Yes, generally speaking though, the president chooses supreme court justices and the power of judicial review is expansive, vague and almost absolute. In addition, the supreme court justices serve life long terms, this leads to a general consensus that the supreme court goes unchecked.

Quote by L2112Lif
Judicial Review itself isn't framed in the constitution. I find that hilarious, that technically the ability to judge constitutionality isn't constitutional.


But in the constitution it says that the purpose of the judicial branch is to interpret the law, I guess judicial review extends that power to laws even made by congress
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Let's make this the Pit's motto:

"Forever alone, together"



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Last edited by son_of_bodom at Oct 30, 2011,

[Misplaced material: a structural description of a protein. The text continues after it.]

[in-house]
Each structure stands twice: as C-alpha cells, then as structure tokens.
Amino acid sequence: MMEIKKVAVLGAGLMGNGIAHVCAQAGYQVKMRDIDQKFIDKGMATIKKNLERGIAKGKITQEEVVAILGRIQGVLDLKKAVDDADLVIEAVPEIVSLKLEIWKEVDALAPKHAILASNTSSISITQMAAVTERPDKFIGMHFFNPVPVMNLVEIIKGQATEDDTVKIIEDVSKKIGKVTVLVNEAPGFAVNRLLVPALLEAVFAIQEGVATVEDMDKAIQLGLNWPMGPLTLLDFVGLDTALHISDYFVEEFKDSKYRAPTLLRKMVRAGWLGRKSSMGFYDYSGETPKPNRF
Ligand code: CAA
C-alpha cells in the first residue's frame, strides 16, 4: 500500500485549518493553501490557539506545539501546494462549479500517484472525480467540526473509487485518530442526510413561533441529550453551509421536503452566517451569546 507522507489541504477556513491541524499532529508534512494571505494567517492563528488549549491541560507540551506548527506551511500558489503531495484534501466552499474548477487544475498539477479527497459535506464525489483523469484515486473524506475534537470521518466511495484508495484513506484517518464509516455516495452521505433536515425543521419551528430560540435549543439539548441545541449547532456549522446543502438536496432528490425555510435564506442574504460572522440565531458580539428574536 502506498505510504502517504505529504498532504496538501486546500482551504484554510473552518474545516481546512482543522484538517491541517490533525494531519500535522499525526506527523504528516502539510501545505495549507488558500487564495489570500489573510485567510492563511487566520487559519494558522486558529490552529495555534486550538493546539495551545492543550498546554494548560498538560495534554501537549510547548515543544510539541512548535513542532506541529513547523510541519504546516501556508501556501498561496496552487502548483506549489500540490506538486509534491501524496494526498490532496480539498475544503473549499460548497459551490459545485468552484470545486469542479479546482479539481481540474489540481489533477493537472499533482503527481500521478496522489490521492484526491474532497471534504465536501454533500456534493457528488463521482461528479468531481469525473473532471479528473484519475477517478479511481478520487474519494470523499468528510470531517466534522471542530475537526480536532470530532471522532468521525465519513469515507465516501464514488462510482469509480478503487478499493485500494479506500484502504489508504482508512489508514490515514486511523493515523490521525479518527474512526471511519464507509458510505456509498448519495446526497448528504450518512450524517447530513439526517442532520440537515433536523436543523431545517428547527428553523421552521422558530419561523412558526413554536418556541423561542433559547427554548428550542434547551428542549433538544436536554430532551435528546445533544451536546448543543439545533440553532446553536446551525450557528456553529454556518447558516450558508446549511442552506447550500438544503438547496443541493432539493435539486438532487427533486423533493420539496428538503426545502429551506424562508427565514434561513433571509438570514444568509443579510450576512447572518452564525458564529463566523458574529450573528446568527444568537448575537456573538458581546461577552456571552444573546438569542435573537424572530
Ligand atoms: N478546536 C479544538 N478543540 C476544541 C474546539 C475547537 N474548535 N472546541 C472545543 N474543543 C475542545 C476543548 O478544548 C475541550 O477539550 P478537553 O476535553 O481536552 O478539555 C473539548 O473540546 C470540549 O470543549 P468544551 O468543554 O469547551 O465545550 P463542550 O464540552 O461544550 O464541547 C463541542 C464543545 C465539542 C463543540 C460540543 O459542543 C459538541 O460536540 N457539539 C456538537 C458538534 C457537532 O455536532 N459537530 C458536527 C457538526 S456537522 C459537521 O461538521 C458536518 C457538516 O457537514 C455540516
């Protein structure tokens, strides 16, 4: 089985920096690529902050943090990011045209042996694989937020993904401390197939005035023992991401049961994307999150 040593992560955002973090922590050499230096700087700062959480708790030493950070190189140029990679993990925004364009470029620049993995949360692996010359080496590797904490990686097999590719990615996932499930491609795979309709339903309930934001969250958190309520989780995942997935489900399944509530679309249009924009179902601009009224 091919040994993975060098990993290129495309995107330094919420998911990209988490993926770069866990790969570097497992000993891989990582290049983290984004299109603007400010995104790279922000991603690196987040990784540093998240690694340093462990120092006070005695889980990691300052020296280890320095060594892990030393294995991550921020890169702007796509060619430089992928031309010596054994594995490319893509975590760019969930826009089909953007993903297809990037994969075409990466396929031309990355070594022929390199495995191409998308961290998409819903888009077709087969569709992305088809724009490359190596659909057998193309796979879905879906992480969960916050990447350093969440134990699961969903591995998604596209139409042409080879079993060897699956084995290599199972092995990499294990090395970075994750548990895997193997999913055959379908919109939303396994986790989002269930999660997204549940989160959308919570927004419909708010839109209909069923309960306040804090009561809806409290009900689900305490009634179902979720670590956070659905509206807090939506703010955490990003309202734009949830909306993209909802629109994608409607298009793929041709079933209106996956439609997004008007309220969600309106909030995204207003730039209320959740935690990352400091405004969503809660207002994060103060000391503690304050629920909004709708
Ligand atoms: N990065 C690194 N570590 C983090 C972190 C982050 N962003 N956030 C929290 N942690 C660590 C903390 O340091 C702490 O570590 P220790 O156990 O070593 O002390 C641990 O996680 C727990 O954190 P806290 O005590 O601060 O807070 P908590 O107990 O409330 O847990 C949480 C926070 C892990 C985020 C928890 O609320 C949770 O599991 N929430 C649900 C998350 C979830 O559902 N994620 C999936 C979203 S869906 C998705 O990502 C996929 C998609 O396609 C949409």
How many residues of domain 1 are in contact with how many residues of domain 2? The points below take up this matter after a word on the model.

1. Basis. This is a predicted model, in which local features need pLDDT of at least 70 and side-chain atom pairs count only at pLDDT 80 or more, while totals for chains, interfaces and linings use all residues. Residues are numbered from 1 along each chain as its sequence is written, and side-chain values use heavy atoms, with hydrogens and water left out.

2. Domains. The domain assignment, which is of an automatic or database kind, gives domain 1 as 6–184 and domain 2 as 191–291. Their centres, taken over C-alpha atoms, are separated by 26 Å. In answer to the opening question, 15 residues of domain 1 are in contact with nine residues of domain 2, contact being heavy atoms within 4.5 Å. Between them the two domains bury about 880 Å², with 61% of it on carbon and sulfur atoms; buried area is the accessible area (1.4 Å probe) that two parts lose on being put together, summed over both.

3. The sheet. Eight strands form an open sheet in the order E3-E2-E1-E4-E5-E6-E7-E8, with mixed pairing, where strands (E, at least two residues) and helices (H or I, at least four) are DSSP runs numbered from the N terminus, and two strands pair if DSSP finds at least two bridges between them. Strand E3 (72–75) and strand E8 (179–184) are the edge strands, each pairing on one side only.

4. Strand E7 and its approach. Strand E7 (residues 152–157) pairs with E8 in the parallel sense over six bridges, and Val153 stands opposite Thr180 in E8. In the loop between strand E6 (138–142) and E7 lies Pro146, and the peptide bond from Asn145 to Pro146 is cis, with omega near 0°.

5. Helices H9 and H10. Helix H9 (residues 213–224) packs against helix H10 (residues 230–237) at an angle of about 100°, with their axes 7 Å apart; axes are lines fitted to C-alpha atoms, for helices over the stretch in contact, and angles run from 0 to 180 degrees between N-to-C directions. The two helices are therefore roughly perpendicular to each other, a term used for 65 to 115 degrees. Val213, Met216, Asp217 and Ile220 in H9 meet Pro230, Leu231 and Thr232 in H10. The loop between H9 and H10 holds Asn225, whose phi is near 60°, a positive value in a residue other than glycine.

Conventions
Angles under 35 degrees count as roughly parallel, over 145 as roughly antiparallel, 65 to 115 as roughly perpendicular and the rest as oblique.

#22
Quote by son_of_bodom

But in the constitution it says that the purpose of the judicial branch is to interpret the law, I guess judicial review extends that power to laws even made by congress



The Constitution gives the JBranch the ability to interpret the law as made by Congress, Judicial Review lets the supreme court interpret the constitution. Review isn't expressly framed in the constitution, it was the decision Marbury vs. Madison which established the practice. Before this, the Supreme Court was nearly powerless (And one could argue that it still is, and that no executive has had Andrew Jackson-sized balls to tell the court to go f*ck themselves).
#23
This is what I know of the Supreme Court: Nowhere in the Constitution does it say that the Supreme Court has the final saw on the constitutionality of something, we've just accepted it.